“HEAD ON”–half lives

“Head On”

Half Lives

Amos Lassen

Cahit, a German Turk in his late thirties and has given up on life after his wife’s death. We cannot say he is living; he just exists miserably losing himself in excessive drink and cocaine. When one evening he crashes into a wall (seemingly on purpose) and is taken to a hospital, he meets a girl, Sibel, also a German Turk, who has attempted suicide. She has had it with her family and it’s very traditional look at life and asks Cahit, quite bluntly, to marry her so that as a married woman she can eschew the pressure from her family. Cahit, at first finds the plan not to his liking but later agrees to it. Sibel lets him know that she wants absolute freedom to have sex with other men and Cahit agrees to this and they live as roommates only and each has his own private life. Suddenly things change and their indifference begins to wane but their love story is not going to be simple tale.

“Head On” won the top award at the Berlin film festival in 2004 and is visually a beautiful movie with gorgeous panoramic shots of Turkey.

Both of our leads are drama queens with Cahit being the more Turkish assimilated of the couple. Sibel feels that by marrying Cahit she capitulates to the conventions of her culture in order to escape from it. Cahit, likewise, must conform to society in order to achieve a sense of purpose. They marry and eventually learn to love one another. Her footloose attitude toward life is exactly what he needs—she s wild in her own way as he is in his. Yet her promiscuity and his violence and lack of respect cause him to attack one of her tricks and jail and scandal ensues. Sibel goes to Istanbul while Cahit sits in jail and she writes to him. When released from prison he goes in search of her.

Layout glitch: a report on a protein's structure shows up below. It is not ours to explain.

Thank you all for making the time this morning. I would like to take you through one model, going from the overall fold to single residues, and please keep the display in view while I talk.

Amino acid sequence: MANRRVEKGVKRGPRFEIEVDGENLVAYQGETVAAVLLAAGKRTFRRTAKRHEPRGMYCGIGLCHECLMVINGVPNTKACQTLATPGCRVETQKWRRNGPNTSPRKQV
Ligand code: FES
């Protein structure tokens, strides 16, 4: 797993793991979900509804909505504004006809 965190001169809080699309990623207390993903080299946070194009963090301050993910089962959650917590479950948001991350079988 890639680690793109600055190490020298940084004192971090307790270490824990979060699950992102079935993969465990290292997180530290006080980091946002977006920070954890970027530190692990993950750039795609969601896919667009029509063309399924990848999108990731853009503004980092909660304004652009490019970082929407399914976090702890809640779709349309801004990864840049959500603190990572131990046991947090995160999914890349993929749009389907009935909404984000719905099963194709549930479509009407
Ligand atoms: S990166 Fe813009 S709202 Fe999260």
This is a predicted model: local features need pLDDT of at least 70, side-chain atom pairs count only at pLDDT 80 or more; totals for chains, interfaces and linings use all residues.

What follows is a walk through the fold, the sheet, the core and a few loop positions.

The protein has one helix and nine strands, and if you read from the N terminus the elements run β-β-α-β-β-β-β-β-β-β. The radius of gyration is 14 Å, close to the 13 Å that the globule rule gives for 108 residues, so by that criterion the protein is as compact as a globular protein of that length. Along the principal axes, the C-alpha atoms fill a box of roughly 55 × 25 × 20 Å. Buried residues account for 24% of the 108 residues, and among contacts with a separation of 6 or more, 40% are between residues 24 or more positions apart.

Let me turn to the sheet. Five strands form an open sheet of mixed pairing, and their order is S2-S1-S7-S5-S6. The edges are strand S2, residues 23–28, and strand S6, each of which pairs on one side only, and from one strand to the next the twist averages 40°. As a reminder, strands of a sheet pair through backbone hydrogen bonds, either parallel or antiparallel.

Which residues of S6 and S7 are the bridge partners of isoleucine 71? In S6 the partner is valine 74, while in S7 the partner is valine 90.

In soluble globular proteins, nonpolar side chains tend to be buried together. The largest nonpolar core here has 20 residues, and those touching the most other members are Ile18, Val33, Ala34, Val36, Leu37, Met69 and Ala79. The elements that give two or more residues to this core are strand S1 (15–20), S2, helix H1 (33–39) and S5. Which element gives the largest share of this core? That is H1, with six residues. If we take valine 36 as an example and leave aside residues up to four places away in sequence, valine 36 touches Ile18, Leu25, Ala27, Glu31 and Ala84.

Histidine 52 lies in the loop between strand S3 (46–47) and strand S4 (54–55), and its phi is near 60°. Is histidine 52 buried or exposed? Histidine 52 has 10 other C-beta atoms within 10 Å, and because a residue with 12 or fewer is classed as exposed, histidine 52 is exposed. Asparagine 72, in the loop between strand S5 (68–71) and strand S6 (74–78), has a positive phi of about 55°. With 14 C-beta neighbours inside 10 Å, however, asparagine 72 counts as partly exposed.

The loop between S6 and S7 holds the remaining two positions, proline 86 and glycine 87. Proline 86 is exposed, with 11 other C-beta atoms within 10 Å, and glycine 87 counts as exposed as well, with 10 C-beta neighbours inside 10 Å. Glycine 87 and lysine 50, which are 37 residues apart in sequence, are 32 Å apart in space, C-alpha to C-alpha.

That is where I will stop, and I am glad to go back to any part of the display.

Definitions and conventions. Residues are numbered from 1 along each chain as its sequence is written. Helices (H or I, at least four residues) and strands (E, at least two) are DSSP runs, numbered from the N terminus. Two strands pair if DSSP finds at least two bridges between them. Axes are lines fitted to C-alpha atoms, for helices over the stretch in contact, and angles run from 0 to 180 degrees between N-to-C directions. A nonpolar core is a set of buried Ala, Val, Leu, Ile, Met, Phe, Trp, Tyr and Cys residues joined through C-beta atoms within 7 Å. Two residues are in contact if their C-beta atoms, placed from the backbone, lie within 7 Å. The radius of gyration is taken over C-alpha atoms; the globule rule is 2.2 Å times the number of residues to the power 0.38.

The movie is really about the half-assimilated in foreign countries with their half alien experiences and even with all of the melodrama in the movie, the characters of Sibel and Cahit are fully developed and realized. The actors are strong and give admirable performances. Birol Unel as Cahit is charismatic, broodingly handsome, sardonic and gloomy. She possesses a life spirit that cannot be quenched and the story is a dichotomy of vibrancy and darkness.

One of the unique aspects of the film is that occasionally there are shots of orchestral interludes n the banks of the Bosporus. These relieve the tension of the film. Otherwise the movie would be a real chore as it is very heavy. The cinematography is also different than anything we have seen before. He shows us life with all of its images.

The primary aim of the film is to show the life of Turkish immigrants in Germany—they are neither Turkish nor German. Because they are something in between, they tend to act outside of what is expected in society. This is what is truly known as an art film. The music, the photography, the script and the actors make this film a shot above the rest.

Why do I classify this as a gay film? This is because the main characters, like gays and lesbians are within society and on the outside of it. We are forced to conform in order to be different. Like Sibel and Cahit, we do not fit except when we conform to what is expected of all. With the themes of love, lust, and passion, we see society through the yes of outsiders who want to belong—but to belong on their terms. As in the ethnic humor in the film, so we try to belong.

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